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October 16, 2018
Salma Waheedi, Clinical Instructor and Lecturer on Law at the International Human Rights Clinic and Associate Director of the Islamic Legal Studies Program: Law and Social Change, has co-authored an article in the Harvard Journal of Law and Gender with Kristen A. Stilt, Professor of Law and Director of the Islamic Legal Studies Program, and Swathi Gandhavadi Griffin, practicing attorney. The article, “Ambitions of Muslim Family Law Reform,” examines Islamic legal arguments and strategies used to support family law reform.
The co-authors state:
“Family law in Muslim-majority countries has undergone tremendous change over the past century, and this process continues today with both intensity and controversy. In general, this change has been considered “reform,” defined loosely as the amendment of existing family laws that are based on or justified by Islamic legal rules in an effort to improve the rights of women and children. Advocates seeking to reform family law typically make legal arguments grounded in Islamic law, thus explicitly or implicitly conceding the Islamic characterization of family law. This ‘reform from within’ approach has grown in recent years and the legal arguments have become more ambitious as women’s groups have become more involved and vocal.”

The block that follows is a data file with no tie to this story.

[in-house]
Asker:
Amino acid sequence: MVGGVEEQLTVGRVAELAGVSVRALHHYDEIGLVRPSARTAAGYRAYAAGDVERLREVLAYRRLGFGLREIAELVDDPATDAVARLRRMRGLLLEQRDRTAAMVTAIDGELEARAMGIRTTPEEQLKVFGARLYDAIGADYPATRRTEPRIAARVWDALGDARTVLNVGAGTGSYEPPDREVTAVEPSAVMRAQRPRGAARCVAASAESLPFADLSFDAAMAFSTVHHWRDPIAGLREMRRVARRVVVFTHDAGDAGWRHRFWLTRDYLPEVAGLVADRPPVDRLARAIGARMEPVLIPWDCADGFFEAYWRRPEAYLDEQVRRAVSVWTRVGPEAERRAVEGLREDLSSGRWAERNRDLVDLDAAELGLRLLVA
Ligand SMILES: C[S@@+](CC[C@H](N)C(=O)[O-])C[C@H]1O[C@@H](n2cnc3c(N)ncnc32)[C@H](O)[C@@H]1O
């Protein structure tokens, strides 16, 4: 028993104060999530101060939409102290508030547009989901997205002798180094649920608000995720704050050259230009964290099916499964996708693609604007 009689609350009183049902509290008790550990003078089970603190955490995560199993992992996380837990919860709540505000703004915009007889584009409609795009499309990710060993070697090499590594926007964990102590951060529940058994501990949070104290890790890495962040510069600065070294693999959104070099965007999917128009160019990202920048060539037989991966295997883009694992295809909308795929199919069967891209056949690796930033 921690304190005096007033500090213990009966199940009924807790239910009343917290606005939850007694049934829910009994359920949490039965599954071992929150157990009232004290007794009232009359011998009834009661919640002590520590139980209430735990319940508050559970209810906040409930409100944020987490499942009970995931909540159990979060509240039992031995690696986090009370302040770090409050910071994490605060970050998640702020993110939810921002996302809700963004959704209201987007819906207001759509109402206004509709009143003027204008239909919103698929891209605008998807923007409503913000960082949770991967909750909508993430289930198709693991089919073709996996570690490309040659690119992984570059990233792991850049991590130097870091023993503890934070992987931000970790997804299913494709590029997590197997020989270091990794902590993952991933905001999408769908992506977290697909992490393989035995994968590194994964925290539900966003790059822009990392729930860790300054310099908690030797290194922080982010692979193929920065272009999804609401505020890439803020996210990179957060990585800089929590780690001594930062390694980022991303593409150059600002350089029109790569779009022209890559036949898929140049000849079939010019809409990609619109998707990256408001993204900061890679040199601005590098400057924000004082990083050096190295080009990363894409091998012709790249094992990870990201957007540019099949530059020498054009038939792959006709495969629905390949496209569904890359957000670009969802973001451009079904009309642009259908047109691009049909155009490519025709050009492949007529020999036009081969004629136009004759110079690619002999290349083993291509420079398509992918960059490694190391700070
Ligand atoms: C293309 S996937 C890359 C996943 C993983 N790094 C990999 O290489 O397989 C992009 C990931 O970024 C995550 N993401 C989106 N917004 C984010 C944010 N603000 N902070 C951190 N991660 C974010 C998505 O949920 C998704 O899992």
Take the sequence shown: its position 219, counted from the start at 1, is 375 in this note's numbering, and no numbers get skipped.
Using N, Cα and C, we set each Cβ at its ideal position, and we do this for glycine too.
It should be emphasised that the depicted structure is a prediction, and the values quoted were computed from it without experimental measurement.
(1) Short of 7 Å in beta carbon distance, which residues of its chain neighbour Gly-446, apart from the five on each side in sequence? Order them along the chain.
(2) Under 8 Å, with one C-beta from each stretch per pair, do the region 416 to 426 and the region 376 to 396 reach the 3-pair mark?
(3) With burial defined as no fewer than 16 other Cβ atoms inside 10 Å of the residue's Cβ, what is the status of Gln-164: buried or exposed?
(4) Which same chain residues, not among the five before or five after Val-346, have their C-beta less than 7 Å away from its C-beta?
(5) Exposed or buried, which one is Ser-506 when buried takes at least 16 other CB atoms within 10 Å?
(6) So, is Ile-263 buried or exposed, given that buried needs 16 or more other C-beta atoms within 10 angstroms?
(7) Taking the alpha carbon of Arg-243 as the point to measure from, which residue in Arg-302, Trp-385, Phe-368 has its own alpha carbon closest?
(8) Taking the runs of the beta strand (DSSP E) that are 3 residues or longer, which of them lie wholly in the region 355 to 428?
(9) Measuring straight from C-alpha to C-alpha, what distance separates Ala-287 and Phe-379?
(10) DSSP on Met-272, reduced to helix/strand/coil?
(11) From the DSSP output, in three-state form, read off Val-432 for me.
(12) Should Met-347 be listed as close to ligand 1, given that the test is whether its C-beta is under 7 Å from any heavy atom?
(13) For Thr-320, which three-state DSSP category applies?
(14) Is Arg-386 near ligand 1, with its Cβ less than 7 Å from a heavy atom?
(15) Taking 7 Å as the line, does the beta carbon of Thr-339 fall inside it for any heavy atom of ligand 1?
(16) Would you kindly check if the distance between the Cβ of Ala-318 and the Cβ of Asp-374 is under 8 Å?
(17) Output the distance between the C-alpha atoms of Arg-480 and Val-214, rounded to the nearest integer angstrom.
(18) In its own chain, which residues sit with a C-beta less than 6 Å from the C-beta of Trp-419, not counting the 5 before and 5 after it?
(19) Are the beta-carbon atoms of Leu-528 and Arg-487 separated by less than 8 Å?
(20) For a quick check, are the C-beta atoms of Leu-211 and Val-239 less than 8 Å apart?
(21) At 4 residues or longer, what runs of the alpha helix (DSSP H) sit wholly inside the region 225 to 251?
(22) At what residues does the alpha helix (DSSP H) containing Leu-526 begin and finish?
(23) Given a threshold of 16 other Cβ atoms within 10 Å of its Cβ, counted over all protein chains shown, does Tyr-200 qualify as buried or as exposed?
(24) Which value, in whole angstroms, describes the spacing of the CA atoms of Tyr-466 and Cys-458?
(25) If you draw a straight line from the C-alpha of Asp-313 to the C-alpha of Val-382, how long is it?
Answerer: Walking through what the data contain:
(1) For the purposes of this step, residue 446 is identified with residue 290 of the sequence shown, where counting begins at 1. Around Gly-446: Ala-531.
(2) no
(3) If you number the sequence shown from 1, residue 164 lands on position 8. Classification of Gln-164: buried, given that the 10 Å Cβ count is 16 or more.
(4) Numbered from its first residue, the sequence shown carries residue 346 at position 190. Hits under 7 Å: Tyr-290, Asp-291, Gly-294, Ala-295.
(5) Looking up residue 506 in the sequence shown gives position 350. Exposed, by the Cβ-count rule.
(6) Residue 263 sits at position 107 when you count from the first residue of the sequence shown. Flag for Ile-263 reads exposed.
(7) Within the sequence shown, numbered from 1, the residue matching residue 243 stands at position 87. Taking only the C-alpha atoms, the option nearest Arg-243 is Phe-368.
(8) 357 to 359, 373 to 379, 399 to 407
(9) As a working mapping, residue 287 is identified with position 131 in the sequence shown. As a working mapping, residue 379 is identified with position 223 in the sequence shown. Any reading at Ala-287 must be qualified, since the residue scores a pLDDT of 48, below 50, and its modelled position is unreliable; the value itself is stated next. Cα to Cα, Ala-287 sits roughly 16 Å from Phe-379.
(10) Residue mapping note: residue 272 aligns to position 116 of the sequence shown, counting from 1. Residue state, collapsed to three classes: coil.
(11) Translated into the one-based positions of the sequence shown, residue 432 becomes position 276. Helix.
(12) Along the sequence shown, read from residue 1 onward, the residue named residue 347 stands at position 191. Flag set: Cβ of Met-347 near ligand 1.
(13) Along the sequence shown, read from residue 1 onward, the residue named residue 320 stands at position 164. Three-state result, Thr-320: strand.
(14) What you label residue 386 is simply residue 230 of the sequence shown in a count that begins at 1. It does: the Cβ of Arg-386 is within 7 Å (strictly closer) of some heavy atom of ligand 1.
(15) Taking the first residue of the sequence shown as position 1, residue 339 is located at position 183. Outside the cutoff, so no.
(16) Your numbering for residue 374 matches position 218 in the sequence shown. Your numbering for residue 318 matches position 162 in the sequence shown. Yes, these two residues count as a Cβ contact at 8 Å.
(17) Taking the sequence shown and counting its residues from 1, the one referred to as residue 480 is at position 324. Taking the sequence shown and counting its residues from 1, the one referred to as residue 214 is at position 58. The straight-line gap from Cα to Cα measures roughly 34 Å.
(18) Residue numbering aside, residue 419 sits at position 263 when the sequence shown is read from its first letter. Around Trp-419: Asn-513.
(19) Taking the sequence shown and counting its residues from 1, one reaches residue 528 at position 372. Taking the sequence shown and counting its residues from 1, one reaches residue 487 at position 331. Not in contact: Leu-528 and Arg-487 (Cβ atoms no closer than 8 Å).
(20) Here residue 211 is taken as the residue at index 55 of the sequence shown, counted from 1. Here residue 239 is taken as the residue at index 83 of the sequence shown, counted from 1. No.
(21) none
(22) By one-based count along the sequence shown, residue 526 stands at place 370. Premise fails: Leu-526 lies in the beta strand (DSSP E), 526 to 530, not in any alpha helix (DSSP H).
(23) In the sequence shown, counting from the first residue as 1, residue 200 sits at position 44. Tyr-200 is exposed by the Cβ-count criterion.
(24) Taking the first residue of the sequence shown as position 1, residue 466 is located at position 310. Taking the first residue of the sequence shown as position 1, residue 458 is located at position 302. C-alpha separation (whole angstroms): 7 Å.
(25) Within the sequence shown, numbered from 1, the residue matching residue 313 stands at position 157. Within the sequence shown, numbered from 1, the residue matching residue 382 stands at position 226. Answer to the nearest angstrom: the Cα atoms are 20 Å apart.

The article identifies and examines the landscape of legal arguments that are used and are needed to support change and analyzes the ambitious, possibilities, and limitations of reform in Muslim family law today.
October 12, 2018
Posted by Bonnie Docherty
Humanitarian disarmament has become a highly effective and firmly established means of dealing with arms-induced human suffering. This year, it has celebrated many milestones that highlight its achievements. These milestones have also generated forward-looking discussions about how civil society campaigns can best work together to advance humanitarian disarmament’s overarching aim.
In March, Harvard Law School’s Armed Conflict and Civilian Protection Initiative (ACCPI) assembled 25 humanitarian disarmament leaders from around the world for a two-day conference in which they could reflect on the state of the field and strategize about its future. The ACCPI has produced a summary of the conference and its conclusions in a new 27-page report Humanitarian Disarmament: The Way Ahead. It has also launched the website humanitariandisarmament.com, which will serve experts and the public alike.
Humanitarian disarmament seeks to prevent and remediate harm caused by arms and related activities through the establishment of norms. It is a people-centered approach, driven by civil society campaigns, that focuses on human rather than national security.
The past twelve months have marked several key anniversaries for humanitarian disarmament including the twentieth anniversary of the Mine Ban Treaty, the tenth of the Convention on Cluster Munitions, the fifth of the Arms Trade Treaty, and the first of the Treaty on the Prohibition of Nuclear Weapons. Campaigns to address other issues, including fully autonomous weapons, the use of explosive weapons with wide area effects in populated areas, and toxic remnants of war, are underway.